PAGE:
In other business during the session, as part of anticorruption reforms required as a condition for receiving international economic aid, the Parliament approved a law to increase transparency in the banking sector, with responsibility for this resting with the Investigation Authority of the Lebanese Central Bank and the Anti-Corruption Commission.

It also endorsed a draft law to create a mechanism for top-level appointments in public administrations, centers and institutions. An amendment was added to prevent ministers from changing or adding candidates for the position of director general. The FPM opposed this, while Hezbollah and the Lebanese Forces voted in favor. Hariri accused the FPM of having a “desire to possess the entire country.”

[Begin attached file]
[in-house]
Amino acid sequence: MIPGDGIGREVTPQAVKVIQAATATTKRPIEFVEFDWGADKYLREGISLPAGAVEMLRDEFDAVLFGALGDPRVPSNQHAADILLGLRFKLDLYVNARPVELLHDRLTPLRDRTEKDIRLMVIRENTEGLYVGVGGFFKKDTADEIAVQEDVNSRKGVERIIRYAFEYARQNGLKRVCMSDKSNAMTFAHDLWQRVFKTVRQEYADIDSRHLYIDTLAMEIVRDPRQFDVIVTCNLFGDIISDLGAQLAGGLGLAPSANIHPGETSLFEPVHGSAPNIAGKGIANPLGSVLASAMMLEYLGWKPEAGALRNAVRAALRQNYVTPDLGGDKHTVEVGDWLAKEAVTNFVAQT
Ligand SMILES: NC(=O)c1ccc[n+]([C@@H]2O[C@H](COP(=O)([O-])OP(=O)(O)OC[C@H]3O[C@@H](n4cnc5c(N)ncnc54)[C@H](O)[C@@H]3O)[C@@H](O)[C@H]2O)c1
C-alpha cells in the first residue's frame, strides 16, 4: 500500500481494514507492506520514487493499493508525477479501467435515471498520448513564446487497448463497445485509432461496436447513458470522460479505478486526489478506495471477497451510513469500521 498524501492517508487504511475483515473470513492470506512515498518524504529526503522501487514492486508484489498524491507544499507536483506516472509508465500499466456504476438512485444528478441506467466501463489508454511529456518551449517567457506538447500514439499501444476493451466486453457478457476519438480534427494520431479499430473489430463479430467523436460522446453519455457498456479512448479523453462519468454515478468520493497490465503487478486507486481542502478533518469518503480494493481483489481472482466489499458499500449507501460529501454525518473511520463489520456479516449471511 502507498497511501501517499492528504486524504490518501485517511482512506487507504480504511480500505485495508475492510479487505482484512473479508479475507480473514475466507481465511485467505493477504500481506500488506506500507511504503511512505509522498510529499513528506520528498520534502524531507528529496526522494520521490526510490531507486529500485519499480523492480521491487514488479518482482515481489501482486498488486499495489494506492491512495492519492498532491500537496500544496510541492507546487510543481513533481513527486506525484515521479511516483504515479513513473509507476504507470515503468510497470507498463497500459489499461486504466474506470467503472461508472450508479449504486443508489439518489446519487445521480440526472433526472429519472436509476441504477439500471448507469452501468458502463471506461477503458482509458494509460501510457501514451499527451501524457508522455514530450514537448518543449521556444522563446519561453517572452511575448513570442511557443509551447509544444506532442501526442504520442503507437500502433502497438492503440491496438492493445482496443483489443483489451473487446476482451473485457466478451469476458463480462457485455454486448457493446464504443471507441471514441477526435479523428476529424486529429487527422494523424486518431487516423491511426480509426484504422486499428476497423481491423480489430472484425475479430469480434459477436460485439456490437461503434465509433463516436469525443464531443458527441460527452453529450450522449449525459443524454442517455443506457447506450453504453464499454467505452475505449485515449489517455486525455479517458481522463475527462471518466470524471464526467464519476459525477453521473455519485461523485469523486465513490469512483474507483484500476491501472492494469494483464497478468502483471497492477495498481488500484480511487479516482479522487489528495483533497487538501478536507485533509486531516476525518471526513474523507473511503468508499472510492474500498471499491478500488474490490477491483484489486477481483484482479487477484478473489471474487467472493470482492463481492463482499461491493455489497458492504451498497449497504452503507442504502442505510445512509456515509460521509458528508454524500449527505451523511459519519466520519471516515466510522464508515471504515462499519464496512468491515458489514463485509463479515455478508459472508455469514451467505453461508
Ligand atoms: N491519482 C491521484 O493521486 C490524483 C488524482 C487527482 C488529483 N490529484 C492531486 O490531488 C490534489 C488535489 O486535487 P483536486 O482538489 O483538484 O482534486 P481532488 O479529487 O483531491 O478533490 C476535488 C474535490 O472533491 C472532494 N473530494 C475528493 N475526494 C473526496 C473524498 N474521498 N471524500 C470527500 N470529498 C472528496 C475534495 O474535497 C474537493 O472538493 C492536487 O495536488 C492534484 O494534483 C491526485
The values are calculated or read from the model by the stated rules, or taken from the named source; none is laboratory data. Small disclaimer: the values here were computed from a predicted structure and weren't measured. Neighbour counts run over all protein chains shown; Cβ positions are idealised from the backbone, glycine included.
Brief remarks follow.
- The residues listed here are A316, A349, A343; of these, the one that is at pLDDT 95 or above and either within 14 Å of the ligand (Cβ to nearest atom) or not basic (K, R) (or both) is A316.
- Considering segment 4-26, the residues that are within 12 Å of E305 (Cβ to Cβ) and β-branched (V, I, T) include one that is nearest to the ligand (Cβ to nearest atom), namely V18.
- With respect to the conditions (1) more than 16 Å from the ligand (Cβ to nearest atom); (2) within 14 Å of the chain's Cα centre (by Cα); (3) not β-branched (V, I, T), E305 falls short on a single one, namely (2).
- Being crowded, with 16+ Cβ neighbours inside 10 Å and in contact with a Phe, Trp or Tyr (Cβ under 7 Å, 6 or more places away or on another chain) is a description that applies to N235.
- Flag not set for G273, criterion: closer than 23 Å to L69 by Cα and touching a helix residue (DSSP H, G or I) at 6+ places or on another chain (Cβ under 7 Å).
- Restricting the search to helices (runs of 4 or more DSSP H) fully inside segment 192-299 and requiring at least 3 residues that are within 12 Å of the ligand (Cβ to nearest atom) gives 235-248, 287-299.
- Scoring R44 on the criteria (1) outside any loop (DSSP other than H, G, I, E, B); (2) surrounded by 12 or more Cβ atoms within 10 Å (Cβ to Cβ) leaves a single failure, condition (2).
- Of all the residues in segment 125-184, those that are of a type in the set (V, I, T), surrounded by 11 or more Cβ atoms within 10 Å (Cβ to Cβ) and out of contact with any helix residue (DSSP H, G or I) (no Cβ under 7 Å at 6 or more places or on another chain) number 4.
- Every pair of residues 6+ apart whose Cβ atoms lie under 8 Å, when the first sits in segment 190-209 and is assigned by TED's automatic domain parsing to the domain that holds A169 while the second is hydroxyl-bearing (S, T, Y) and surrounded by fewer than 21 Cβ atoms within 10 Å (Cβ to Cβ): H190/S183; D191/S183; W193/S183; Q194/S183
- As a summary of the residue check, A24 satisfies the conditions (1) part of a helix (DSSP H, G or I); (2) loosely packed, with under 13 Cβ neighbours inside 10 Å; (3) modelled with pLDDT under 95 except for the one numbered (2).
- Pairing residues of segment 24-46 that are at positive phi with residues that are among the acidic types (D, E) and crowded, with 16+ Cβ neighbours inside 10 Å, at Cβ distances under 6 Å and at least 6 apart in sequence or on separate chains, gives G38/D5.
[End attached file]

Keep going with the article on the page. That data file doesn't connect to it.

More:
MPs rejected a draft law to allow Lebanon to join the International Organization for Migration because, said MP Gebran Bassil, “it’s unconstitutional and facilitates the accession, integration and settlement process.” Lebanon hosts about 200,000 Palestinian and a million Syrian refugees.

The session sparked a wave of street protests. Some of them, led by the Syrian Social Nationalist Party and the Lebanese Communist Party, opposed the approval of a general amnesty that includes those who fled to Israel.

Protesters burned the Israeli flag in Sidon in protest against a law that “affects Israeli agents who sold their land, fought their people, and plotted against them.” They set up a symbolic gallows on which they wrote: “This is the fate of Zionist agents who fled execution.”

Others, including the families of Muslim detainees, staged demonstrations in support of the amnesty.